Xander Amaro has been searching for home since he was a little boy. For him, a job at Nacho’s is an opportunity for just that — a chance at a normal life, to settle in at his abuelo’s, and to find the father who left him behind. But when both the restaurant and Xander’s immigrant status are threatened, he will do whatever it takes to protect his new found family and himself.

Together, Pen and Xander must navigate first love and discovering where they belong — both within their families and their fiercely loyal Chicanx community — in order to save the place they all call home. — Cover image and summary via Goodreads

The Infinity Courts (The Infinity Courts #1) by Akemi Dawn Bowman
Simon Pulse

Eighteen-year-old Nami Miyamoto is certain her life is just beginning. She has a great family, just graduated high school, and is on her way to a party where her entire class is waiting for her—including, most importantly, the boy she’s been in love with for years.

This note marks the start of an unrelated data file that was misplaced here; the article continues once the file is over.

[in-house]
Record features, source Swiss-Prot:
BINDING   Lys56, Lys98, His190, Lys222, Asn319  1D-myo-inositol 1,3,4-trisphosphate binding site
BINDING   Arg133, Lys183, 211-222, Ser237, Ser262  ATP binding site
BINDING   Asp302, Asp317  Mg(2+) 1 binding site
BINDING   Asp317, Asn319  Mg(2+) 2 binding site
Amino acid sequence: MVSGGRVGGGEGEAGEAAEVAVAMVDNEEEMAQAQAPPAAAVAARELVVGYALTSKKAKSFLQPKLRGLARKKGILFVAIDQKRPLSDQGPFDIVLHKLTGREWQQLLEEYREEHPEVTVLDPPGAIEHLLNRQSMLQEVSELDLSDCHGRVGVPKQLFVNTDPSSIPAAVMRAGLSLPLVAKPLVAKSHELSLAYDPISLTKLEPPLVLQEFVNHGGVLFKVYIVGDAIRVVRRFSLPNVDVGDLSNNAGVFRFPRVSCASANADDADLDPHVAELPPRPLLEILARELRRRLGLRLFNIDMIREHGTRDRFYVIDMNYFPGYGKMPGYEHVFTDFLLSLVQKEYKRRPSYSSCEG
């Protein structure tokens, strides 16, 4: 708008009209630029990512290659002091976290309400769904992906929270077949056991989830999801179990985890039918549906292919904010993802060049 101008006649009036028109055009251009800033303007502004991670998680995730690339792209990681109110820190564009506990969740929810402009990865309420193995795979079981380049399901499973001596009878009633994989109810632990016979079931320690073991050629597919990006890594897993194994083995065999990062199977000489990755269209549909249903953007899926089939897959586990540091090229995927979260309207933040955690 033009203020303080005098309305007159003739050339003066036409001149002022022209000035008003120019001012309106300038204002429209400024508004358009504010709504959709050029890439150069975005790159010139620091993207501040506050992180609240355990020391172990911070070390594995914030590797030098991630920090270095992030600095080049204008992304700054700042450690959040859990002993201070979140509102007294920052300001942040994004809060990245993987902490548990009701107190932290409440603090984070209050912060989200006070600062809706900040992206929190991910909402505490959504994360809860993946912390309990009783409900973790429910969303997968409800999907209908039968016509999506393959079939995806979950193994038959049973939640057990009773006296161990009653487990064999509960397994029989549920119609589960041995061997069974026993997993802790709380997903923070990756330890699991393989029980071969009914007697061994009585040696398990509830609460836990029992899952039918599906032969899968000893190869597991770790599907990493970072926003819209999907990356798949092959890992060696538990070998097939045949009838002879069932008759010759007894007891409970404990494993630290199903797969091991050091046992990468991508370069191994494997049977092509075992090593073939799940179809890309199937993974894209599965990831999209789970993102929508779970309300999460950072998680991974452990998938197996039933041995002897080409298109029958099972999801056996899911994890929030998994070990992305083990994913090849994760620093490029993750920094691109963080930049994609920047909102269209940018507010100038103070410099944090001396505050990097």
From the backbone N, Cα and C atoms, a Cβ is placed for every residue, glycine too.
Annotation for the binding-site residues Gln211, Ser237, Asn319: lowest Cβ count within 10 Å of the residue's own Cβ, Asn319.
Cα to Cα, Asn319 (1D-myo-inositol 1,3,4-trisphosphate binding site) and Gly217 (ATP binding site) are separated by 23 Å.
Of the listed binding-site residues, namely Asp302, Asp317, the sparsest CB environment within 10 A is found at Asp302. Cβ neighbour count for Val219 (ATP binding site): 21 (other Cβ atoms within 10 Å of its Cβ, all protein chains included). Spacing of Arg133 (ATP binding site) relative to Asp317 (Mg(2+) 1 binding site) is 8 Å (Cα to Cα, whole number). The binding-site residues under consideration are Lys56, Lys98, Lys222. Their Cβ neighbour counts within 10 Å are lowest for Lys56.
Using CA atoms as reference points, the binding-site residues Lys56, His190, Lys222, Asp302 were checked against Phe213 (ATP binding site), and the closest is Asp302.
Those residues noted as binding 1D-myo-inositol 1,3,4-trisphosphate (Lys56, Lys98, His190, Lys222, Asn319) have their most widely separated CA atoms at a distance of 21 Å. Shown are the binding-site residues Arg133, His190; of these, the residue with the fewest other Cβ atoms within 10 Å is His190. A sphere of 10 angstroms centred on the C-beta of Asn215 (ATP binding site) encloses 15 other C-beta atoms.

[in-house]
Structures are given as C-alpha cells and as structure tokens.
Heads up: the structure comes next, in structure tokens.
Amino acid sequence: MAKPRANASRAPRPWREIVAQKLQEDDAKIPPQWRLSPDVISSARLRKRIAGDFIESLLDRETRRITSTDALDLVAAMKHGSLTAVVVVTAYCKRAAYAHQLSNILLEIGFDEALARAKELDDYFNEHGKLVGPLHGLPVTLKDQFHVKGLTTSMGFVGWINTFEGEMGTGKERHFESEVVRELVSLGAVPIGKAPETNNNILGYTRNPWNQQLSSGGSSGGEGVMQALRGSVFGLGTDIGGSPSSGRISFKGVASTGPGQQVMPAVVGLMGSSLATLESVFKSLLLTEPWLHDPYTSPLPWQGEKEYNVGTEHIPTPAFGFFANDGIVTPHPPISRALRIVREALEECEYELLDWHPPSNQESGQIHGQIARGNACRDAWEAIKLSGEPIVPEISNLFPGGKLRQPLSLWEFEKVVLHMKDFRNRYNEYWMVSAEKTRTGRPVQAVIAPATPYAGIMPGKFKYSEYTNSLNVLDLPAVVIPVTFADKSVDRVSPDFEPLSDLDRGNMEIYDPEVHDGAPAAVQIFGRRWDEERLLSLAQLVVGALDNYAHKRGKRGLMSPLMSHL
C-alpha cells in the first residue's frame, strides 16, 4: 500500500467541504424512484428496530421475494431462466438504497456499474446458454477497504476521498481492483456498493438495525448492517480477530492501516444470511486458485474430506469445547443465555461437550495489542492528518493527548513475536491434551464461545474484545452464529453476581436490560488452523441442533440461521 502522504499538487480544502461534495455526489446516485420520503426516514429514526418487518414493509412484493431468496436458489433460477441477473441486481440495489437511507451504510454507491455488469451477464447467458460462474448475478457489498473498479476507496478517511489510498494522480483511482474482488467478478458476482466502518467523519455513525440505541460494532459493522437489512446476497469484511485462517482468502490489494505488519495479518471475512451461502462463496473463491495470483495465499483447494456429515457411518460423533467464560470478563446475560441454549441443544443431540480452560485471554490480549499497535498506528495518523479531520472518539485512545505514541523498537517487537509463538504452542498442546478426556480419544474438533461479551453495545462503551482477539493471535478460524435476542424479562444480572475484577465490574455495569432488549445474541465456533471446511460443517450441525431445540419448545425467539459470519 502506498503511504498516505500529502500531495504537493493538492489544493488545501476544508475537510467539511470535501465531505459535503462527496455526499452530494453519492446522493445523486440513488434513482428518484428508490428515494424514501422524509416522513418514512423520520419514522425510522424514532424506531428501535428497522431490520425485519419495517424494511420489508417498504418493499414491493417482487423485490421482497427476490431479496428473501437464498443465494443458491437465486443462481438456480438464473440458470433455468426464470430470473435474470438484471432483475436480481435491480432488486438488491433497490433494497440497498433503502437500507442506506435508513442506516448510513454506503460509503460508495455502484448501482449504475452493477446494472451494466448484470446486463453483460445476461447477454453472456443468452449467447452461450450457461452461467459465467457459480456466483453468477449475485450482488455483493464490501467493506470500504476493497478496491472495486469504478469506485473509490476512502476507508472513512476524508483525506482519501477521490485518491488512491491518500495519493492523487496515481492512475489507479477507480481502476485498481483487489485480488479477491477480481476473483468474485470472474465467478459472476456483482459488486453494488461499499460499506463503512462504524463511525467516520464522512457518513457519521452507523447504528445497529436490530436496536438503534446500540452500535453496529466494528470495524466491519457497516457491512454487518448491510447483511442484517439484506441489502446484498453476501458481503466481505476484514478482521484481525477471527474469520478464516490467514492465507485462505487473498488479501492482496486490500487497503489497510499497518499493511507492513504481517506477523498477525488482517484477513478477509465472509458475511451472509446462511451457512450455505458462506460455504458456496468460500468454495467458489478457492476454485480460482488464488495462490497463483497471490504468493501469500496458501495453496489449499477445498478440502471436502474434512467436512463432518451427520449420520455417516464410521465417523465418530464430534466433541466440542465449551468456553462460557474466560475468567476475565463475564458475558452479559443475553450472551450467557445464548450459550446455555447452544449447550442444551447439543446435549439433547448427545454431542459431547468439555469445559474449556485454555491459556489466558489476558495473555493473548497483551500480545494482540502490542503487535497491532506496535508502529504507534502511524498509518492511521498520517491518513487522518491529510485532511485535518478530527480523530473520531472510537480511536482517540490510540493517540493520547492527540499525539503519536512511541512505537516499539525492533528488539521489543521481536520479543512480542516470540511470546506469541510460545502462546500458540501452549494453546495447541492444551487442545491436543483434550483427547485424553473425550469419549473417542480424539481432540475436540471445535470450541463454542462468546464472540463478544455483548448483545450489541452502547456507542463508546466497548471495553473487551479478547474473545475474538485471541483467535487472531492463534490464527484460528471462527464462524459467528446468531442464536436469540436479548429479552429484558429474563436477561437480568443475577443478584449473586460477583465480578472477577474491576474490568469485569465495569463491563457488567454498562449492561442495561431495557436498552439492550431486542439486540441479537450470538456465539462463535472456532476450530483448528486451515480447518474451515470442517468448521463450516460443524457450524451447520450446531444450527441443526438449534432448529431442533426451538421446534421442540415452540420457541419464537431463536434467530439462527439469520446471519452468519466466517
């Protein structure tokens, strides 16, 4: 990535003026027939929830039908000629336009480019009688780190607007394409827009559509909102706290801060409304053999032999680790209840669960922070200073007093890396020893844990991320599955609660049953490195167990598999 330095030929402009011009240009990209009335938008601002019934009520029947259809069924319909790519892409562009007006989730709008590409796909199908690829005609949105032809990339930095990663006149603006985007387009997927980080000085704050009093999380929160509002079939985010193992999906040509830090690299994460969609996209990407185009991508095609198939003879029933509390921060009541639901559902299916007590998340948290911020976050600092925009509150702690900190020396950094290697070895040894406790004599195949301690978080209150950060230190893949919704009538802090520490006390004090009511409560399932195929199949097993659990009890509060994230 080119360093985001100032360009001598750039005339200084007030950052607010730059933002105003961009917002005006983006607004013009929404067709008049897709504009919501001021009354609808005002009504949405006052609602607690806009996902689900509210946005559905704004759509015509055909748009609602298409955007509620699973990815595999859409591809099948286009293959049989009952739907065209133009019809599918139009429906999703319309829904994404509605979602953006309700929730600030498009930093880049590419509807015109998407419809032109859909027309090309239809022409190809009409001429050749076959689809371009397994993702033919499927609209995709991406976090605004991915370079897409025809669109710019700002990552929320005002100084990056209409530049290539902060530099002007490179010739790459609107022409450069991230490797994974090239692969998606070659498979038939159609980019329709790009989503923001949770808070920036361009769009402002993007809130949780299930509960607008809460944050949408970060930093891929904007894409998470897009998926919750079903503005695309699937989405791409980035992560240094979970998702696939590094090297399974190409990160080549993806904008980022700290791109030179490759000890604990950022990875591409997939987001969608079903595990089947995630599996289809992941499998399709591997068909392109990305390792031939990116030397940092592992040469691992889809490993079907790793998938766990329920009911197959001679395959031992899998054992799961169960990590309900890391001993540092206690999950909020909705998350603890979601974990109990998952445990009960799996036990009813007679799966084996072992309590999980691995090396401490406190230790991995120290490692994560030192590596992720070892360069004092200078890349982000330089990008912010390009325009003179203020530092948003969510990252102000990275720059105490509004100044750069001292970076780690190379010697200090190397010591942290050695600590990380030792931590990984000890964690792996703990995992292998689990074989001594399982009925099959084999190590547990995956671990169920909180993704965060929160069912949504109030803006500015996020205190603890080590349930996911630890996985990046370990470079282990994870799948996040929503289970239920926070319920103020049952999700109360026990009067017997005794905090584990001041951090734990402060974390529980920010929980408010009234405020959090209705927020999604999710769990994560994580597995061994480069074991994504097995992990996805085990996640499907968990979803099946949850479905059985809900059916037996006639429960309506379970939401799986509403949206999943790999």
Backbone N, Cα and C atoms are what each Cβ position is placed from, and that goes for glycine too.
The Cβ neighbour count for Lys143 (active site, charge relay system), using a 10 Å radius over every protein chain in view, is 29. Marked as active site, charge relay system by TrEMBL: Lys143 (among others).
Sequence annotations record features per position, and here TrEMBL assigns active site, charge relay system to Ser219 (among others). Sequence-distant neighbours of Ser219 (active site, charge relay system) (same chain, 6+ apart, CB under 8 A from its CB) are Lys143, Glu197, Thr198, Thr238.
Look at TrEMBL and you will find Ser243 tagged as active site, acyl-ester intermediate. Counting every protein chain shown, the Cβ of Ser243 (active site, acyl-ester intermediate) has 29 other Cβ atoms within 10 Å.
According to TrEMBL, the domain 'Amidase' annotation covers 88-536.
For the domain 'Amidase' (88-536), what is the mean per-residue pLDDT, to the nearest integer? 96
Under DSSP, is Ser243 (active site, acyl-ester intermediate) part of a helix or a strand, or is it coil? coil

The only problem? She’s murdered before she gets there.

When Nami wakes up, she learns she’s in a place called Infinity, where human consciousness goes when physical bodies die. She quickly discovers that Ophelia, a virtual assistant widely used by humans on Earth, has taken over the afterlife and is now posing as a queen, forcing humans into servitude the way she’d been forced to serve in the real world. Even worse, Ophelia is inching closer and closer to accomplishing her grand plans of eradicating human existence once and for all.

As Nami works with a team of rebels to bring down Ophelia and save the humans under her imprisonment, she is forced to reckon with her past, her future, and what it is that truly makes us human.
From award-winning author Akemi Dawn Bowman comes an incisive, action-packed tale that explores big questions about technology, grief, love, and humanity.  — Cover image and summary via Goodreads